Museum collections in Qatar are in a continuous development that moves in multiple directions, from natural history to contemporary art, from Orientalism to media, and from Islamic cultures to global networks. The collection of Mathaf: Arab Museum of Modern Art focuses on modern and contemporary art from an expansive region that extends from North Africa to Southeast Asia, while the Orientalist Museum and Public Art collections, also part of Qatar Museums, focus on works produced in relationship to our region and its influence on artistic production and the writing of art history in modern and contemporary times. Addressing a climate of political and social change, modern and contemporary art bears witness to history at the moment of its unfolding. Speaking to these multiple intertwined narratives, Looking at the World Around You is an invitation to connect with multiple layers of history, mythology and representation, and to reflect on the role of art and the artist through a reading and display of contemporary works from Qatar Museums.
Over the past fifty years, the oil industry has considerably changed the social fabric of Gulf Arab countries and, in Qatar, oil revenue has had a direct impact on building the nation, expanding its cities and creating its universities, museums and other cultural institutions. The collections and curatorial responsibilities of Qatar Museums are built on the idea of critically engaging the world around us, its histories, its objects and their relationships. These collections and the various museums that preserve them have been developed in several phases over the last decade through acquisitions, commissions, artist residencies and public art projects.
Museums in Qatar are unique in that they are being built locally and from the ground up, and they are important windows that open onto the world around us. Qatar is a country that hosts people of different nationalities, backgrounds and languages, and it is thus a place where the question of communication — specifically that which is related to artistic education — is a primary subject of research. With a public that is as diverse as the collections that Qatar’s museums preserve, these institutions face singular challenges and opportunities. As both a concept and an institution building project, Mathaf is the first museum for modern and contemporary art in Qatar.
In Arabic, the world mathaf means “museum,” and Mathaf’s collection, like those of Qatar Museums more generally, has been assembled through an ongoing process of studying recent history, modernity and modernization both in the region and across the globe. For example, when the Museum of Islamic Art’s collection was first being developed, it had to include major artworks and objects that speak to a large and diverse cultural legacy, spanning lifestyles and material productions in Islamic lands as well as the influences of, and exchanges with, other parts of the world that shaped architecture, art and fashion. The Orientalist Museum’s collection, on the other hand, is largely centered on research, with the aim of bringing together the ways in which Europeans and others visualized the so-called Orient. Filled with desire and influenced by imperial expansion, Orientalists depicted more fantasies than realities, more fictions than truths. Thus, the museum’s collection proposes not to look at Orientalism as a unitary artistic movement but rather as a methodology for analyzing and understanding projections onto the region by artists from afar.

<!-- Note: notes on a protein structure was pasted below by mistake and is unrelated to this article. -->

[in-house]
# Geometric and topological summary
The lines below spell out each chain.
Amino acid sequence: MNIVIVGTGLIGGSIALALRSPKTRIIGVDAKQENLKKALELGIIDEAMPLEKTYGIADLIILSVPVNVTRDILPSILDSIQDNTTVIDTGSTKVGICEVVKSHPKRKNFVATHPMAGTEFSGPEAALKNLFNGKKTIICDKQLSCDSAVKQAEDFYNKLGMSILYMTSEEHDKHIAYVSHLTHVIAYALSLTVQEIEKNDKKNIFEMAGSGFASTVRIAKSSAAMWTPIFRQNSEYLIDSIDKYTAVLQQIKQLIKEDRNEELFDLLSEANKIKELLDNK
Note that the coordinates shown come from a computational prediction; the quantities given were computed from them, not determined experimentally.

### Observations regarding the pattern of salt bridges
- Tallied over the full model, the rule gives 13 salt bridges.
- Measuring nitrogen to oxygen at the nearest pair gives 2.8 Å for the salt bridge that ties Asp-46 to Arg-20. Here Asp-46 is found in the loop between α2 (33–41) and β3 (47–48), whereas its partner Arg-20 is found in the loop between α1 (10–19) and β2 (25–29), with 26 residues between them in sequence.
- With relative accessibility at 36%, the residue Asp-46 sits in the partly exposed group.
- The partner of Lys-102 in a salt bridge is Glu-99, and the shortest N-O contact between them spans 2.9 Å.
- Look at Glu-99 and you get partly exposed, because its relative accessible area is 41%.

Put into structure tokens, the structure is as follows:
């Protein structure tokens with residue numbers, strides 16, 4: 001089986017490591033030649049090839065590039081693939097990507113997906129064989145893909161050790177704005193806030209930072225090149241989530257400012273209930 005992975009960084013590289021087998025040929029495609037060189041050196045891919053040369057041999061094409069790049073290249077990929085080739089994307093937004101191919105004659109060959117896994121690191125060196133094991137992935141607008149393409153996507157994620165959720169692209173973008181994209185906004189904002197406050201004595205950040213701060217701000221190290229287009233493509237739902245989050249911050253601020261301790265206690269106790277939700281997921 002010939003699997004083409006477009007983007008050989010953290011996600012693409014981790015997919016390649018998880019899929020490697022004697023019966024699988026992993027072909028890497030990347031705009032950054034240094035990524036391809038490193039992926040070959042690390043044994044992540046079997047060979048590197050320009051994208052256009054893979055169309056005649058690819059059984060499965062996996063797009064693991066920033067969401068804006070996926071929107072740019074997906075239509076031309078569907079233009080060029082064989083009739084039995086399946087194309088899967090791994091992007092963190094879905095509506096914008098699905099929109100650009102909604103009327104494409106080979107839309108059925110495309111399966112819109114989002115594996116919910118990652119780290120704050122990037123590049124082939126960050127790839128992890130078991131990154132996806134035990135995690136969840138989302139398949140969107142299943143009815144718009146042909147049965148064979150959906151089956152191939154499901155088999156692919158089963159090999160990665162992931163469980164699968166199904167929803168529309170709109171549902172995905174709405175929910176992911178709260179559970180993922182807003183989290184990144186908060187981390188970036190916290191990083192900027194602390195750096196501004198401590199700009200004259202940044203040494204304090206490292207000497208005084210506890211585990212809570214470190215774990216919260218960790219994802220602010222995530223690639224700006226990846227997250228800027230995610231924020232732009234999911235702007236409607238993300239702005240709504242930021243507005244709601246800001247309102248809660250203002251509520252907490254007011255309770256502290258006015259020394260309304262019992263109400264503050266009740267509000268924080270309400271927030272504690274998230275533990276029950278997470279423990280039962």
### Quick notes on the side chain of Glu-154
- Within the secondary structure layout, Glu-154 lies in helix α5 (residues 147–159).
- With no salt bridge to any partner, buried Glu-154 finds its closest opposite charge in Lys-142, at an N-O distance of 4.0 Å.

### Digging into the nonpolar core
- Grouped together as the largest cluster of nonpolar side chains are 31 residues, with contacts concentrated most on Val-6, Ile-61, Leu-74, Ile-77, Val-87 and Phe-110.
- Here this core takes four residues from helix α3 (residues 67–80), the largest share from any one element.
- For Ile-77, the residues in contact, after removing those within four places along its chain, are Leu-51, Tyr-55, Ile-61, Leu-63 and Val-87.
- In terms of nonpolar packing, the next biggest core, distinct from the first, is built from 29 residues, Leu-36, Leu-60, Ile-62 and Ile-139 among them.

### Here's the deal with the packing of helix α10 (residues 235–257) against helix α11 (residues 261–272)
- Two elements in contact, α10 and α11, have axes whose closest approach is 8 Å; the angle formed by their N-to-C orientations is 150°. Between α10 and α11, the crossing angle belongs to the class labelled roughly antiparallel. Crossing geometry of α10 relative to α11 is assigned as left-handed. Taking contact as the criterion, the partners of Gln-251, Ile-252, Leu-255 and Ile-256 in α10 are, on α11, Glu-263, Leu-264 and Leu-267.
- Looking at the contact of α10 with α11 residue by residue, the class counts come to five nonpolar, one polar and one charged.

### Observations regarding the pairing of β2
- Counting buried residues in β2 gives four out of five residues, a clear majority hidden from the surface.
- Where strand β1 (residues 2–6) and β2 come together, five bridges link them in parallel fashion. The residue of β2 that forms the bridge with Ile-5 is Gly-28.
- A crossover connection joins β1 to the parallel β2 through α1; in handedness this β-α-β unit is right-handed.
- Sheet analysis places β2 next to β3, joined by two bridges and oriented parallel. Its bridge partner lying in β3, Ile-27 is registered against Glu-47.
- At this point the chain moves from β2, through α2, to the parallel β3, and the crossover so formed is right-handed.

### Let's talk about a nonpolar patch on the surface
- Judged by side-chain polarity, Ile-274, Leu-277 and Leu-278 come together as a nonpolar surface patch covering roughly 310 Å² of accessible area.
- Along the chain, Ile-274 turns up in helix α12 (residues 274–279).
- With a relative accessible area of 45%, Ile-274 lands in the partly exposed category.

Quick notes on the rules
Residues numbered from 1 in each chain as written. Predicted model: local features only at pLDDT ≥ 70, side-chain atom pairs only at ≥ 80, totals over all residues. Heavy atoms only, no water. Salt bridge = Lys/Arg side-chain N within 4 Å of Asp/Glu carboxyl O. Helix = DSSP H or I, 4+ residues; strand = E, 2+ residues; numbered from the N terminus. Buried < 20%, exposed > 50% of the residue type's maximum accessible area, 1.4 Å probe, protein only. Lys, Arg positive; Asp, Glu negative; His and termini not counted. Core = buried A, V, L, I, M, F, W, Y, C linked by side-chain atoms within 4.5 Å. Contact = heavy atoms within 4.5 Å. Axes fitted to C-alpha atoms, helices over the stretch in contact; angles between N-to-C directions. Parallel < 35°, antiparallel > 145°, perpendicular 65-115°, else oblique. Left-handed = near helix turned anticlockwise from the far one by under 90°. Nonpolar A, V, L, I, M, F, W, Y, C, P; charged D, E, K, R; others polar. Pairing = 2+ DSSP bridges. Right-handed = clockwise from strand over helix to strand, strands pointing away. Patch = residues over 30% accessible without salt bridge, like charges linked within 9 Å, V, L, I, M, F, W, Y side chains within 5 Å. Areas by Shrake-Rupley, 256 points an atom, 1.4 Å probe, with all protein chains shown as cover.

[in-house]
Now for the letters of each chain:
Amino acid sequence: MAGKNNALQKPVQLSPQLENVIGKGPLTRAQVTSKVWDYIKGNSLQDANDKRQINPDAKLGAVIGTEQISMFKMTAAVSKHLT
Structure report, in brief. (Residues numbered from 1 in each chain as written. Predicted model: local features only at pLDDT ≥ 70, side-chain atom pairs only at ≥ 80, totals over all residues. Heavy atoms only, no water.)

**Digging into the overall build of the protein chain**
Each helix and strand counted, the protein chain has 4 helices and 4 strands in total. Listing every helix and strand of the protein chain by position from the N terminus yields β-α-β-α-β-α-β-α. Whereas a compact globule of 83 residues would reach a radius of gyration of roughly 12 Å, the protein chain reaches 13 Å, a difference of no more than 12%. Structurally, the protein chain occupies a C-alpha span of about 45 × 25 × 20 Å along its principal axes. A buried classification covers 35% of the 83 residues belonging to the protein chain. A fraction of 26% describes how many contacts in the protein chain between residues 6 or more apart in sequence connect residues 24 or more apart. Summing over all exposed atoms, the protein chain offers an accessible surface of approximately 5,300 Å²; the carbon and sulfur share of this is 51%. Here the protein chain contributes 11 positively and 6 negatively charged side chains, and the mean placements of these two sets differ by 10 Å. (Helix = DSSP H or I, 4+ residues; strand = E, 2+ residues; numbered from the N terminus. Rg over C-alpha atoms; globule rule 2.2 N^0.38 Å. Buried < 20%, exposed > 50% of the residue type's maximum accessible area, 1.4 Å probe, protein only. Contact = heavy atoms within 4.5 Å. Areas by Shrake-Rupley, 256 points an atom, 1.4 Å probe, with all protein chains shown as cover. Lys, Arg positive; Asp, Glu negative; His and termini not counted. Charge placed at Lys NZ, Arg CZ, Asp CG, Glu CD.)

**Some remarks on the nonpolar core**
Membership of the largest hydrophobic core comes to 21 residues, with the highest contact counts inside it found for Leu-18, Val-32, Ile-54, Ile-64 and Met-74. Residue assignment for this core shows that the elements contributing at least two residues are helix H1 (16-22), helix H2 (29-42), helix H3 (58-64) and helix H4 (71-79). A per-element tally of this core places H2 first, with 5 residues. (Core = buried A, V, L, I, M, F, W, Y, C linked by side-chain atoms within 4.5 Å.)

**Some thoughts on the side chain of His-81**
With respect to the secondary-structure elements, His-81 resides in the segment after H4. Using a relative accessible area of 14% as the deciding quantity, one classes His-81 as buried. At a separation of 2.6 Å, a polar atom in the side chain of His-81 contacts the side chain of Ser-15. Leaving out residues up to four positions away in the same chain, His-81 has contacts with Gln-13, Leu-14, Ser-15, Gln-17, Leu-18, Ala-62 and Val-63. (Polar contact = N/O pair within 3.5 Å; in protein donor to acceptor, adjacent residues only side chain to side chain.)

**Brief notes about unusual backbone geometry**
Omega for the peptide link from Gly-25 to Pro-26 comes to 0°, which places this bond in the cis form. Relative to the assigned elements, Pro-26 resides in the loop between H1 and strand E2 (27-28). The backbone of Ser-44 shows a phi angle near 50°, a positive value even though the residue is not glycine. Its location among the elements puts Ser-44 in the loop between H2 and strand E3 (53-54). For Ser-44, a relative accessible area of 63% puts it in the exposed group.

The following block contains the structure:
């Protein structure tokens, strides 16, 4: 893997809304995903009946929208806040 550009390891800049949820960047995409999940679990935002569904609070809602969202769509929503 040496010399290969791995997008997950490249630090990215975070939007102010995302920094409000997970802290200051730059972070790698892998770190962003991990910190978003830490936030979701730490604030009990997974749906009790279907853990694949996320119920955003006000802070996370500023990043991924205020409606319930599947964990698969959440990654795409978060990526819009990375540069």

Beginning with portraits of the region made from within and outside its borders, Looking at the World Around You proposes to study art in relation to both the contexts of production and the conditions of display within Mathaf, a museum-in-formation. The exhibition presents a group of artworks that provide insight into the collection’s diversity and size, but it is also intended as an opportunity to read each of these artworks in the context of their creation. The historical range of these works is wide, extending from Francisco de Goya’s ca. 1825 tiny ivory painting, which inspired the exhibition’s curatorial concept, to Wael Shawky’s expansive cinematic re-imaginings of the past, completed in 2015.
Equally expansive are the different ways of seeing a society or a place that these works propose. Shirin Neshat looks at contemporary Egypt through the lens of her personal background and experience of the 1979 Iranian Revolution. Her photographs offer a captivating analysis of the very notion of revolution by emphasizing the contradictions inherent to a historical event in which violence and death are so often the vehicles employed in the name of justice, love and freedom. On the other hand, Yan Pei-Ming’s series of portraits, Spring Winter Summer Fall: Modernity Identity, depicts public figures from the Arab world, including politicians, artists, thinkers and other leaders. With his work, Yan Pei-Ming invites viewers to look into the faces of those who have the potential to influence the public with their ideas, art and positions, demonstrating the artist’s interest not only in political events but also in cultural expressions.
Contemporary movements and conditions influence a number of other artists whose work looks at humans and their bodies as witnesses to social change. Faraj Daham’s project on the Arab world reflects social identity through figures and objects related to work and public space, just as Jassim Zaini’s and Wafika Sultan Saif Al-Essa’s scenes from daily life offer discrete and poetic social criticism. Others interrogate history, such as Wael Shawky, whose Cabaret Crusades considers multiple narratives of history, namely how the history of the European Christians who invaded the Middle East during the Middle Ages is recounted through the perspective of Arabs. His sources range from official historians who were contemporary to the events themselves to the telling proposed by Amin Maalouf, contemporary to our time. In so doing, Shawky proposes a way of reading the world around us in which art is both an indicator and a catalyst of new ideas.